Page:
More Help for Homeowners: HARP 2.0


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When the government realized one of its mortgage refinance programs wasn't helping enough people, it changed the rules. Find out if you qualify for the revamped Home Affordable Refinance Program, which could save you thousands.

Nearly a quarter of mortgage-paying homeowners are underwater, according to the most recent study from data firm CoreLogic. That means more than 10 million Americans owe more money than their homes are worth.

If you’re in that boat – or should we say submarine? – there could be good news. The government recently revamped its Home Affordable Refinance Program (HARP) to make more people eligible for lower mortgage rates. One of the biggest changes to HARP was removing the loan-to-value ratio cap, meaning people who owe more than 125 percent of what their homes are worth may now be eligible.

While the program was officially launched late last year, only now are mortgage lenders geared up to start taking applications.

In the video below, Money Talks News founder Stacy Johnson takes a look at what it takes to qualify. Check it out, and then read on for more about the program’s changes.

Maybe you’ve heard of this program before – it started in early 2009. Since then, it’s helped more than 900,000 homeowners refinance, according to the Federal Housing Finance Agency. Here’s exactly what they’re changing so it will help even more homeowners:

  • Eliminating certain risk-based fees for borrowers who refinance into shorter-term mortgages and lowering fees for other borrowers;
  • Removing the current 125 percent LTV ceiling for fixed-rate mortgages backed by Fannie Mae and Freddie Mac;
  • Waiving certain representations and warranties that lenders commit to in making loans owned or guaranteed by Fannie Mae and Freddie Mac;
  • Eliminating the need for a new property appraisal where there is a reliable AVM (automated valuation model);
  • Extending the end date for HARP until Dec. 31, 2013 for loans originally sold to Fannie and Freddie on or before May 31, 2009.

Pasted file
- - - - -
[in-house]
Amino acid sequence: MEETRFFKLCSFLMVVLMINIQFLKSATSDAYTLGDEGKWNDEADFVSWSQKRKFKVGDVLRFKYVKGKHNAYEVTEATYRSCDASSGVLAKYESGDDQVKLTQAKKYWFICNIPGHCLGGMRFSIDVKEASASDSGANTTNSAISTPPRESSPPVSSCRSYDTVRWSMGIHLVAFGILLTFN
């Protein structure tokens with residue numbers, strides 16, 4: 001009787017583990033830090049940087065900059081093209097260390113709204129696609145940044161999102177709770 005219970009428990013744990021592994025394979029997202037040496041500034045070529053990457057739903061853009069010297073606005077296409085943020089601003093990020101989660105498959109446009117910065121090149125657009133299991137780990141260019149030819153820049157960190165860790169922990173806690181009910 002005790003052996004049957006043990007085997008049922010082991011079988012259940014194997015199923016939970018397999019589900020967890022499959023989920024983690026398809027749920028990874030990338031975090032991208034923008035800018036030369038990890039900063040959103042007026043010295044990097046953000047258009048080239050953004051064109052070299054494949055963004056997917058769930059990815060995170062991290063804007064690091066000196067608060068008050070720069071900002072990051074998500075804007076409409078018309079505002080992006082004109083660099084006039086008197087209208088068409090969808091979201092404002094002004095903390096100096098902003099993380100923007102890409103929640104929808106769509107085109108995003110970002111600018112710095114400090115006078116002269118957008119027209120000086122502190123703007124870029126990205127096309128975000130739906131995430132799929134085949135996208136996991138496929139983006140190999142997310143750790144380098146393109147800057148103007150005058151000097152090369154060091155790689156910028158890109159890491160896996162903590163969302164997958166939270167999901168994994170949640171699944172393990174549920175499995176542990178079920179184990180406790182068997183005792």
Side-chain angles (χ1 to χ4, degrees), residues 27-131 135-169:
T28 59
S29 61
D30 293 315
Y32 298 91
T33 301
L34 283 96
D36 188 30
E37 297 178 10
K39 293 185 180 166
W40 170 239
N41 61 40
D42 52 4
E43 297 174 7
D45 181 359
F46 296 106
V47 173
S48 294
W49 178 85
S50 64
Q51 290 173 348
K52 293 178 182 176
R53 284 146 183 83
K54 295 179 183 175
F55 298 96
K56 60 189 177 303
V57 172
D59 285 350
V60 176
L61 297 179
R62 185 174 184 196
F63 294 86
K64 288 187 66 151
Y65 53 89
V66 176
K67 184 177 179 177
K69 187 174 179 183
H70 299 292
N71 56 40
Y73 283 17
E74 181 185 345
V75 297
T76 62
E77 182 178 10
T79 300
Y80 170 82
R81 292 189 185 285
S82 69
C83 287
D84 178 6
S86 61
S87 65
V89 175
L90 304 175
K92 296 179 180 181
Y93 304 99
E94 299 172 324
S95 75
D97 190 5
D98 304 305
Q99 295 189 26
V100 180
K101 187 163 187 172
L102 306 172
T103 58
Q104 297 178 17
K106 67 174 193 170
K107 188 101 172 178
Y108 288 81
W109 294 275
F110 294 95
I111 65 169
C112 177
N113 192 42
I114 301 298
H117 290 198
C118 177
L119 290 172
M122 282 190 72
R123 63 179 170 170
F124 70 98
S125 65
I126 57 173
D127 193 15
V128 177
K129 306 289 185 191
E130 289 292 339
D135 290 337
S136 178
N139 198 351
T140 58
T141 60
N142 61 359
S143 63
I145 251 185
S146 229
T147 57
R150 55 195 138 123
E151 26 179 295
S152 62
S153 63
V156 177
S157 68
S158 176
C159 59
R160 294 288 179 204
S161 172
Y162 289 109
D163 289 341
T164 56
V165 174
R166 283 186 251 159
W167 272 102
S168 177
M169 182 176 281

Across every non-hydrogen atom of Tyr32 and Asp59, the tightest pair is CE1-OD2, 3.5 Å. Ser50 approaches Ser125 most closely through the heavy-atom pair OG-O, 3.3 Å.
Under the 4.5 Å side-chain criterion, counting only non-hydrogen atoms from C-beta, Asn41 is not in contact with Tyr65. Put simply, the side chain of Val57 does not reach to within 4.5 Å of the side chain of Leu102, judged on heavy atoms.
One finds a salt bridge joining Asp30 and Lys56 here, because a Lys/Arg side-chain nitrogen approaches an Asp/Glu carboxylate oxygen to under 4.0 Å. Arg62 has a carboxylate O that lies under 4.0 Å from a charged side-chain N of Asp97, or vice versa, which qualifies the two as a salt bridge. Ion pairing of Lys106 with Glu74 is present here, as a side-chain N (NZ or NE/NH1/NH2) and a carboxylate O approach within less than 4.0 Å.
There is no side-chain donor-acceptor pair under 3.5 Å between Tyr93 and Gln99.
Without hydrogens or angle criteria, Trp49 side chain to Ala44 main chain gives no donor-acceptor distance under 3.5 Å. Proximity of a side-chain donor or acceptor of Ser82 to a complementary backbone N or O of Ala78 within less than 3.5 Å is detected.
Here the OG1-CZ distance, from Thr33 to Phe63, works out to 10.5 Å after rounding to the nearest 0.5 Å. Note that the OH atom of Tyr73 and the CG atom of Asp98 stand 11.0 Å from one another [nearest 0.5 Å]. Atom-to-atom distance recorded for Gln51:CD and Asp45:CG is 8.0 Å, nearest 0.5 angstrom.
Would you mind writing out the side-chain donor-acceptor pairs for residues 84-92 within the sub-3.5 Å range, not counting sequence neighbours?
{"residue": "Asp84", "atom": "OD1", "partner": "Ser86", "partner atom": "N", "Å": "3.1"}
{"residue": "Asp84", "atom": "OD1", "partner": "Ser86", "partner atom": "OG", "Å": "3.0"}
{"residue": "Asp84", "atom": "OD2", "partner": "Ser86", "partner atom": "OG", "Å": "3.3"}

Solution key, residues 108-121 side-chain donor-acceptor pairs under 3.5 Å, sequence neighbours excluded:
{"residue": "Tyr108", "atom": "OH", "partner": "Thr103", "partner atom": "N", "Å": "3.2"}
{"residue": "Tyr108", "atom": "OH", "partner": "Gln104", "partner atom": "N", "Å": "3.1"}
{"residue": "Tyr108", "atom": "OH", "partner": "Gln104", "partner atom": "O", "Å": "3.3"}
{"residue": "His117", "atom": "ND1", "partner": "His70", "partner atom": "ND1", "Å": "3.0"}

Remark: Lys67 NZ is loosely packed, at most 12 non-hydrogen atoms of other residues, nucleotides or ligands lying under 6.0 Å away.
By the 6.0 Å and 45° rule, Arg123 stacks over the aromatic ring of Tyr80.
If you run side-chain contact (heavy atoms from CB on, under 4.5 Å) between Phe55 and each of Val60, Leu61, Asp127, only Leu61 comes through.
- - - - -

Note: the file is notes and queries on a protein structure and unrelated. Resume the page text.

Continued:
Interested? Here’s a recap of the eligibility requirements…

  1. Fannie/Freddie-backed. The mortgage must be guaranteed by government-sponsored Fannie Mae or Freddie Mac. You can check if yours is online – here’s the Fannie Mae loan lookup and here’s Freddie Mac’s. Check Fannie first, since they’re bigger and more likely to have it. You can also contact your mortgage company.
  2. Be current. You have to be up-to-date with your payments. As Stacy said, this means you can only have “one missed (30-day delinquent) payment in the last year, and none in the last six months.” If you’re not there yet, don’t worry – there’s still time to catch up. The HARP program was extended to run through the end of 2013 instead of having a summer 2012 deadline. So there’s still time to qualify – just make on-time payments until you fit the requirements.
  3. Problem credit? No problem. Timely payments are the big thing with this particular program. There’s no minimum credit score, qualifying income, or appraisal required.
  4. Be underwater, or close to it. This program is specifically designed for underwater homeowners. You can qualify without being underwater, but your mortgage must be more than 80 percent of your home’s market value.
  5. Double-dips OK. People with Fannie Mae loans can refinance through HARP a second time if they took advantage during the first couple of months of the program – between March and May 2009.

You can get the particulars on how refinancing will work by checking with Fannie or Freddie – there’s a lengthy Frequently Asked Questions about Home Affordable Finance section on Fannie Mae’s website. Freddie Mac also has a lot of online resources for HARP and other programs.

Even if you don’t qualify for HARP, don’t give up. There are other options out there, and free help to figure them out – like the 24-hour Homeowner’s HOPE hotline, which offers counseling services from government-approved housing experts. And maybe refinancing isn’t the best solution for you – check out Ask Stacy: Should I Refinance My Home? for some thinking on the math and logistics.

Stacy Johnson

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